On an autumn day in suburban Chicago, Adam Janus took off work to have lunch with his wife Teresa. He bought a couple of steaks and flowers and hurried home. After lunch, he told Teresa he wasn’t feeling well and went to lay down. When Teresa checked on him several minutes later, Adam was unconscious and convulsing. Paramedics rushed him to a nearby hospital emergency room where he was pronounced dead – apparently from a stroke or aneurysm.
Understandably distraught, Teresa asked Adam’s brother, Stanley, and his wife Theresa, to drive her back to the house later that afternoon. Stanley and Theresa comforted their sister-in-law as best they could, but the emotional afternoon left them with headaches, so they both took Tylenol. Theresa went to call Adam’s parents to tell them the bad news, when Stanley fainted on his way out to smoke a cigarette. Theresa called the same paramedics that treated Adam and they returned to the house at 6 p.m. Once they got there, like Adam, Stanley was unconscious and convulsing, and to their horror, his wife Theresa collapsed on the living room floor as well.
The date was September 29, 1982. The three members of the Janus family, and 4 other unsuspecting victims in the Chicago area, had all taken Tylenol capsules laced with cyanide. All eyes were on the Johnson & Johnson Company – the makers of Tylenol – to see what they would do.
Under intense scrutiny and enormous media coverage, Johnson & Johnson was about to make a very public decision on the short-term versus long-term approach to the problem – and their company.
A few years prior to the 1982 incident, CEO James Burke reaffirmed the long-standing Johnson & Johnson credo and its simple premise: consumers first, employees second, communities third, and shareholders fourth. The Credo was on display front and center during the 1982 crisis. But how could he remain true to these values in the wake of the seven people murdered in Chicago? The Tylenol brand accounted for 17% of the company’s revenues in 1981. It represented 37% of the $1.2 billion analgesic market in the United States.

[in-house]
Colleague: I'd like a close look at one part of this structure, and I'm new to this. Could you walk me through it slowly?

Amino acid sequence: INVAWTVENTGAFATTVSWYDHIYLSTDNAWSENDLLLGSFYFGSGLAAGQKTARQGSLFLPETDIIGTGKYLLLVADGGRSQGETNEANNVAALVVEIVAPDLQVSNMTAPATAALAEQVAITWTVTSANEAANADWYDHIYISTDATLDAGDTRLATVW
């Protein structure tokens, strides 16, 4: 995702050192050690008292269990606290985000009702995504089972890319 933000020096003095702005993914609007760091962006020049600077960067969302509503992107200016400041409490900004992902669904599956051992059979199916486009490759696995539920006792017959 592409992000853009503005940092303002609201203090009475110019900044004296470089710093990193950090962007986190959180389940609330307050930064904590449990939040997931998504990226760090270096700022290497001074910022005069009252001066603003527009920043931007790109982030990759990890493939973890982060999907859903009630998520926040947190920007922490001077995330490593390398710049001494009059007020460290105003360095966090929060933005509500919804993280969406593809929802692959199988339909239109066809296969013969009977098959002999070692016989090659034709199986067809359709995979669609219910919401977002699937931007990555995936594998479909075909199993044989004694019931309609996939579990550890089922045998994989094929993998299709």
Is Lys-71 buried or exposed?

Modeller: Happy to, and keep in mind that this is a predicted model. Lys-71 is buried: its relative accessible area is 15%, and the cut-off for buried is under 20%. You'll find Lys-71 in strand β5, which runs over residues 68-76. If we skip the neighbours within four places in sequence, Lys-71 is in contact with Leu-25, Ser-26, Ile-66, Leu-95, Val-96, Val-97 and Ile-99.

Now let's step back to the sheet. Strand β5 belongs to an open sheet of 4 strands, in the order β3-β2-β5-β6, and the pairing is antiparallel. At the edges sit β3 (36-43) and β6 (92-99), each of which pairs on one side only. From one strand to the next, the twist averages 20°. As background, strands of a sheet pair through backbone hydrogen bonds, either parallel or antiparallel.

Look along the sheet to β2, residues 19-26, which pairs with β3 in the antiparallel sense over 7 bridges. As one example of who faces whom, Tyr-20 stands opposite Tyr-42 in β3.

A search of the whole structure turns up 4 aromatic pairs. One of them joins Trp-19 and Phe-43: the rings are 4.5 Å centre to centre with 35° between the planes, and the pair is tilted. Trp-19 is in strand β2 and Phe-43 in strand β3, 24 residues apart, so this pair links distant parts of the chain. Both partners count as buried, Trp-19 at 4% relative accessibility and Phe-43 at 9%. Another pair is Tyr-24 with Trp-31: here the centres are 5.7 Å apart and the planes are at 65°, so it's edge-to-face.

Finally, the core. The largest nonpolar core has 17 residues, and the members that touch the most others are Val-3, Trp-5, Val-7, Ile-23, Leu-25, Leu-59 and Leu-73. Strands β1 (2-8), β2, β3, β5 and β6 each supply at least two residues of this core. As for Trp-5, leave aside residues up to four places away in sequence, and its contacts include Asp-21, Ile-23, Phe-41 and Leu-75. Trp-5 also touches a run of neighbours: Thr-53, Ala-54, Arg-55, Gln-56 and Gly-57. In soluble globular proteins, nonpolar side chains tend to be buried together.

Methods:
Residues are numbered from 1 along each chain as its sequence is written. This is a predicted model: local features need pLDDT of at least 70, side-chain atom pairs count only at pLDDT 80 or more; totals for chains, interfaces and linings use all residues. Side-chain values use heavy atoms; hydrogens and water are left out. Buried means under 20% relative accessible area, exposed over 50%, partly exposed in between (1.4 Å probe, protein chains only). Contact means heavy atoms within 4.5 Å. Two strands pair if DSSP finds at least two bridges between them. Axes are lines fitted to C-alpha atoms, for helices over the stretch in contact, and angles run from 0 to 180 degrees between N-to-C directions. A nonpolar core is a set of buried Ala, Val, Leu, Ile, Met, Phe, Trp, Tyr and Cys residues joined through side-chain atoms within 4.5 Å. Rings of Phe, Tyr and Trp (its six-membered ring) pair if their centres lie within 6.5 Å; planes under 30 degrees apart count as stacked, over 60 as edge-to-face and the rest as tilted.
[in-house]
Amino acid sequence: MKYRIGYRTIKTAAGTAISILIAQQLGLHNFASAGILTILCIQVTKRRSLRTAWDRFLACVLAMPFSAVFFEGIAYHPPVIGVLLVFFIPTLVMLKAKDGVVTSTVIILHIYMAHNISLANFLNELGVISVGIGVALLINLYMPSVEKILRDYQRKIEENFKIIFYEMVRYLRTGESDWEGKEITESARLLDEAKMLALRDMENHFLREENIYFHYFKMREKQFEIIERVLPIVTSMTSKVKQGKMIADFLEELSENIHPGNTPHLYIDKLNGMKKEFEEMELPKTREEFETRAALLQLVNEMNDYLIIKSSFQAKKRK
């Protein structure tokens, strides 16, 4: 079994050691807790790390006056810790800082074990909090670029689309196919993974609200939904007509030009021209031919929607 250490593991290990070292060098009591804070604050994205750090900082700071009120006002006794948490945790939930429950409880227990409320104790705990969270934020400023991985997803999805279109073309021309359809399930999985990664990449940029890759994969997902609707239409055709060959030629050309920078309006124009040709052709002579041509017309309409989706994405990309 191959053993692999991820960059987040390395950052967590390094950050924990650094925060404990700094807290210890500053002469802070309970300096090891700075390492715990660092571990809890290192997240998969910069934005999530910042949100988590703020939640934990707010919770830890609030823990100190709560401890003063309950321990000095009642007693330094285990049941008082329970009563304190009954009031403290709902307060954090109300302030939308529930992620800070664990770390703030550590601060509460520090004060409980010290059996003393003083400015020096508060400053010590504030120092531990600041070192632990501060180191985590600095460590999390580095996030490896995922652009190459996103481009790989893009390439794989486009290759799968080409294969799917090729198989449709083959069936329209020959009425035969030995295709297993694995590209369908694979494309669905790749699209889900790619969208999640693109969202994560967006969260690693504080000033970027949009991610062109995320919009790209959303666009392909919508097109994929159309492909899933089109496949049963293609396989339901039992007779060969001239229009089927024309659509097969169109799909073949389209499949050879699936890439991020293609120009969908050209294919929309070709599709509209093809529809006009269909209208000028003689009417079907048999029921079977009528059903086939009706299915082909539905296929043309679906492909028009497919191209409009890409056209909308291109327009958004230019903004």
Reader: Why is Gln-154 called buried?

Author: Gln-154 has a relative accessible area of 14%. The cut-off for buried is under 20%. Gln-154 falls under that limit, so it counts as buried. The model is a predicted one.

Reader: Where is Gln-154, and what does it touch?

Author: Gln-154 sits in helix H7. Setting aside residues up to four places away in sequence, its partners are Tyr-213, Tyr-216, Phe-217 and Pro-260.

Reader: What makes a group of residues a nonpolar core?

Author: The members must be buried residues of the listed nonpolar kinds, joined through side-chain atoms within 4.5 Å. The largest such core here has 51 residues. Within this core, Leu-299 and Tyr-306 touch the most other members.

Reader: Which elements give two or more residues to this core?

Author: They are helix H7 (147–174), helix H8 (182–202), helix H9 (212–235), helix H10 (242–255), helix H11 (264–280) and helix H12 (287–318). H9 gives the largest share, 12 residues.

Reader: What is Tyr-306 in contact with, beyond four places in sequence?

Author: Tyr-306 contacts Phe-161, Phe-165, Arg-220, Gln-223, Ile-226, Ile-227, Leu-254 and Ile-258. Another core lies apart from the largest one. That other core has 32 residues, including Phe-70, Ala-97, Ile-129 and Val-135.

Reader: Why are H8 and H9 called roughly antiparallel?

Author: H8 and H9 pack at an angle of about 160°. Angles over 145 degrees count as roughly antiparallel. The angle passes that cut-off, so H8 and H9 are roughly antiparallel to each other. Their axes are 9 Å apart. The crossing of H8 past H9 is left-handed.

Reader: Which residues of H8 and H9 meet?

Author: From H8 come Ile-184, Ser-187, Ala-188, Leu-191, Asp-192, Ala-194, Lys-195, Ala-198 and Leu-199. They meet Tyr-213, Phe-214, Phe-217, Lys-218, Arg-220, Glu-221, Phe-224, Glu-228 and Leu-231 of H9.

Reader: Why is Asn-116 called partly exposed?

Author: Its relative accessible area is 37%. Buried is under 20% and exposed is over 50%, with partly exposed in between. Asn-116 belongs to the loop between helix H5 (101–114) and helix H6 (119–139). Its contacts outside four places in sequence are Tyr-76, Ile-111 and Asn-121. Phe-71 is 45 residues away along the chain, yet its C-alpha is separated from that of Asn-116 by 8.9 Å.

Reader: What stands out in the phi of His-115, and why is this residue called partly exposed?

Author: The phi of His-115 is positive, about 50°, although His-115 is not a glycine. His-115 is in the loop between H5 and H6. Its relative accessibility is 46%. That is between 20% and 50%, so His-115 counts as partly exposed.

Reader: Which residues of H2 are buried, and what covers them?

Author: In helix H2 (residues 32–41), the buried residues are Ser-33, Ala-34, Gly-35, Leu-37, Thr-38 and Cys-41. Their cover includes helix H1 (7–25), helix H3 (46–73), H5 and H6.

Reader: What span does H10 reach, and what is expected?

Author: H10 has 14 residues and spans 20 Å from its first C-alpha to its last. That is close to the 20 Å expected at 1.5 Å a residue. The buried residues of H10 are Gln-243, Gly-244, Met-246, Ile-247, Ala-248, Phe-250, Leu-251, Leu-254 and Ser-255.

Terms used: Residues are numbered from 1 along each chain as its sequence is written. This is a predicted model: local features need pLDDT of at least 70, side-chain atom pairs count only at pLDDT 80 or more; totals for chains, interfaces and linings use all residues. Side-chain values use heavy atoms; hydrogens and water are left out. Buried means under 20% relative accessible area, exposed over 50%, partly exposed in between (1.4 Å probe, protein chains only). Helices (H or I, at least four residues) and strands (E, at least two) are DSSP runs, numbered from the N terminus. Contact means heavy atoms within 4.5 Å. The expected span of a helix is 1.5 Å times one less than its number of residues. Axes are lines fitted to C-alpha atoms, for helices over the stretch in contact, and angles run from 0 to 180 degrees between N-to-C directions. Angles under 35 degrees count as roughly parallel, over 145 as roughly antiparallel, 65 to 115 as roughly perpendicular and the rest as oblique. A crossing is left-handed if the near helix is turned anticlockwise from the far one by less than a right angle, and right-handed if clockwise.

True to the Credo, the company placed consumers first by recalling 31 million bottles of Tylenol capsules from store shelves and offering the safer tablet form free of charge. The move was costly, but right. The recall and re-launch of the product cost Johnson and Johnson $100 million in the short-term.
Although not nearly as dramatic, companies make similar decisions every quarter. Should they focus on short-term profit to satisfy shareholders or invest for long-term growth and stability?
Johnson and Johnson managed for the long run. Despite dropping to a meager 7% share in the analgesic market in the fall of 1982, they took painstaking care to administer the massive recall. Burke faced the media with transparency and honesty, and Johnson & Johnson created the first ever tamper resistant packaging to ensure the public’s safety – even though they knew the capsules were not tainted during their production.
So how did culture play a role in this drama? The 300 word Johnson and Johnson Credo is very specific in stating the desire to build and sustain strong relationships with the four constituents mentioned. The way the company handled the crisis in 1982 proved that these were not hollow words.
We have already outlined the steps James Burke took for the first constituent – the consumer.
In the days of the aftermath, employees were obviously sitting on pins and needles over the future of their jobs. Burke met with employees to tell them Tylenol would be back. He also communicated the plan of how they were going to handle the next few weeks and months. Employees normally working on Tylenol assembly were temporarily reassigned, but wore buttons that said, “We’ll be back!”
To the community, Burke was honest and transparent with the media and the public. He worked collaboratively with the police, the FBI, and the FDA to avoid any perception of a cover up. Initially, the FBI and FDA urged Burke not to recall Tylenol as that would be giving in to the ‘terrorists.’ However, when a copycat incident occurred in California the next week, Burke would not be deterred.
And finally, Burke and his leadership felt that if the first three constituents were satisfied with the handling of the tragedy, the shareholders would come back. Within a year Tylenol climbed back to 30% market share. They had not only reestablished Tylenol as the premier pain reliever, but they had also positioned Johnson and Johnson as a trustworthy, consumer friendly household brand that enjoyed profitable growth for years to come.
Was 1982 a bad year for Johnson & Johnson? Yes, but the way company leaders handled the Tylenol incident relieved a lot of the headaches that could have made it much worse.